Cassandra is a column shop

How is columnar NoSQL different from document-centric?

The three types of NoSQL databases I've read about are key-value, column, and document-oriented.

The key value is pretty simple - a key with a simple value.

I've seen document-oriented databases described as a key value, but the value can be a structure, like a JSON object. Each "document" can have all, some, or none of the same keys as another.

Column-oriented seems to be document-oriented because you don't specify a structure.

What's the difference between these two and why should you use one over the other?

I took a special look at MongoDB and Cassandra. Basically, I need a dynamic structure that can change but does not affect other values. At the same time, I need to be able to search / filter certain keys and run reports. At CAP, AP is the most important thing for me. The data can "possibly" be synchronized across nodes as long as there is no conflict or data loss. Each user would have their own "table".


In Cassandra, each row (addressed with a key) contains one or more "columns". Columns are themselves key-value pairs. The column names do not have to be predefined, ie the structure is not fixed. Columns in a row are stored in sorted order according to their keys (names).

In some cases, you might have a very large number of columns in a row (for example, as an index to enable certain types of queries). Cassandra can handle such large structures efficiently and allows you to get specific ranges of columns.

There is another level of structure (not that commonly used) called supercolumns, where one column contains nested (sub) columns.

You can think of the forest as a nested hash table / dictionary with 2 or 3 key levels.

Normal column family:

Super column family:

There are also high-level structures - column families and key areas - that you can use to divide or group your data.

See also this question: Cassandra: What is a sub-column?

Or the data modeling links from

Subject: Comparison with document-oriented databases - the latter usually insert entire documents (usually JSON), while in Cassandra you can address individual columns or supercolumns and update them individually, ie they work at a different level of granularity. Each column has its own timestamp / version (to match updates in the distributed cluster).

The Cassandra column values ​​are bytes only but can be entered as ASCII, UTF8 text, numbers, dates, etc.

Of course, you could use Cassandra as a primitive document store by including columns that contain JSON - but you wouldn't get all of the functionality of a true document-oriented store.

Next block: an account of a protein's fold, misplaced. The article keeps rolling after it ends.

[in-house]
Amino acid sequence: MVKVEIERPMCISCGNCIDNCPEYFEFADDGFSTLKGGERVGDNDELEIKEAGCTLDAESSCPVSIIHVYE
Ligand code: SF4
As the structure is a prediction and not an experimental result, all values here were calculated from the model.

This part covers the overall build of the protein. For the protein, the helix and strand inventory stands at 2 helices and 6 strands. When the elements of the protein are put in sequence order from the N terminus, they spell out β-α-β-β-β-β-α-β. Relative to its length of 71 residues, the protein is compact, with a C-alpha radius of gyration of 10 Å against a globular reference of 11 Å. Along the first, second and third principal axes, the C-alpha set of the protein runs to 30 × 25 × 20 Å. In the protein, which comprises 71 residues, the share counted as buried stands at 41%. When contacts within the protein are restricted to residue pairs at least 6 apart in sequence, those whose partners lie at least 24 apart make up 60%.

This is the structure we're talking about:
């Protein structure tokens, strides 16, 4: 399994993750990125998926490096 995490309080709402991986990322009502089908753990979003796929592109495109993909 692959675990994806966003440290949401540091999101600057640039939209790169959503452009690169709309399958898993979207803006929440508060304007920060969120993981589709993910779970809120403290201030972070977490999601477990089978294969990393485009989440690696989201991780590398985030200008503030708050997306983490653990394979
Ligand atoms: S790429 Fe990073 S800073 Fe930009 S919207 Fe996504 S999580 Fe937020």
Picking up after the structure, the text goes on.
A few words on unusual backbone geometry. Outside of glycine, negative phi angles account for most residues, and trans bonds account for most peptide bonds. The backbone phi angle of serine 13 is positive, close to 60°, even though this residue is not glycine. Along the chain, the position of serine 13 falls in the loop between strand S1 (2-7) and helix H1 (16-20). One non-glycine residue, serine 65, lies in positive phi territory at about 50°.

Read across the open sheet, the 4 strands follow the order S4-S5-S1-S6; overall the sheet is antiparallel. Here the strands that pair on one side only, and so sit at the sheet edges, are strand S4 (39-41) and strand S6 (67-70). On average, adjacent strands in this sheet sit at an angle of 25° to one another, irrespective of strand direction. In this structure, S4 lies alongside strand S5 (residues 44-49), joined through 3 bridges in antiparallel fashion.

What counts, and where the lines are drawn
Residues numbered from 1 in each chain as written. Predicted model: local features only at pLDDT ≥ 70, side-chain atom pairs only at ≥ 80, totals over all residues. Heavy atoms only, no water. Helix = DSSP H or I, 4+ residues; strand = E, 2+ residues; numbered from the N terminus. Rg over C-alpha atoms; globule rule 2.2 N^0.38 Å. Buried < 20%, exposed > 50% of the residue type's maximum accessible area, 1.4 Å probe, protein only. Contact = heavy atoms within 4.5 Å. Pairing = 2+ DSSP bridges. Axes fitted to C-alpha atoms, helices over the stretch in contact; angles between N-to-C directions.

The main difference is that document stores (e.g. MongoDB and CouchDB) allow documents of any complexity, i.e. sub-documents within sub-documents, lists of documents, etc., while column stores (e.g. Cassandra and HBase) only allow a fixed format, z. B. strict one-level or two-level dictionaries.

In "Insert", "Document-Based" is more consistent and direct to use rdbms words. Note that you can use Cassandra to achieve consistency with the notion of quorum. However, this does not apply to all column-based systems and reduces availability. Choose MongoDB on a write-once, read-often system. Also take this into account if you always want to read the entire structure of the object. A document-based system is designed to return the entire document when you receive it and is not very strong at returning parts of the entire line.

The column-based systems like Cassandra are far better at "updates" than document-based ones. You can change the value of a column without reading the row it contains. The write does not necessarily have to be done on the same server. A line can appear in multiple files on multiple servers. Choose Cassandra on a huge, rapidly evolving data system. Also take this into account if you plan to have a very large block of data per key and do not have to load all of them with every query. In "Select" you can use Cassandra to load only the column that you need.

Also keep in mind that Mongo DB is written in C ++ and is in the second major version, while Cassandra must be run on a JVM and the first major version has only been in the release candidate since yesterday (but the 0.X versions were in Productions turned by large company already).

On the other hand, Cassandra's design was partly based on Amazon Dynamo and is essentially designed as a high availability solution, which, however, has nothing to do with the column-based format. MongoDB also scales, but not as gracefully as Cassandra.

I would say the main difference is how each of these DB types physically stores the data.
For column types, the data is stored in columns that enable efficient aggregation operations / queries for a particular column.
For document types, the entire document is logically stored in one place and generally retrieved as a whole (no efficient aggregation for "columns" / "fields" possible).

The confusing bit is that a wide-column "line" can easily be represented as a document, but as mentioned is stored differently and optimized for different purposes.

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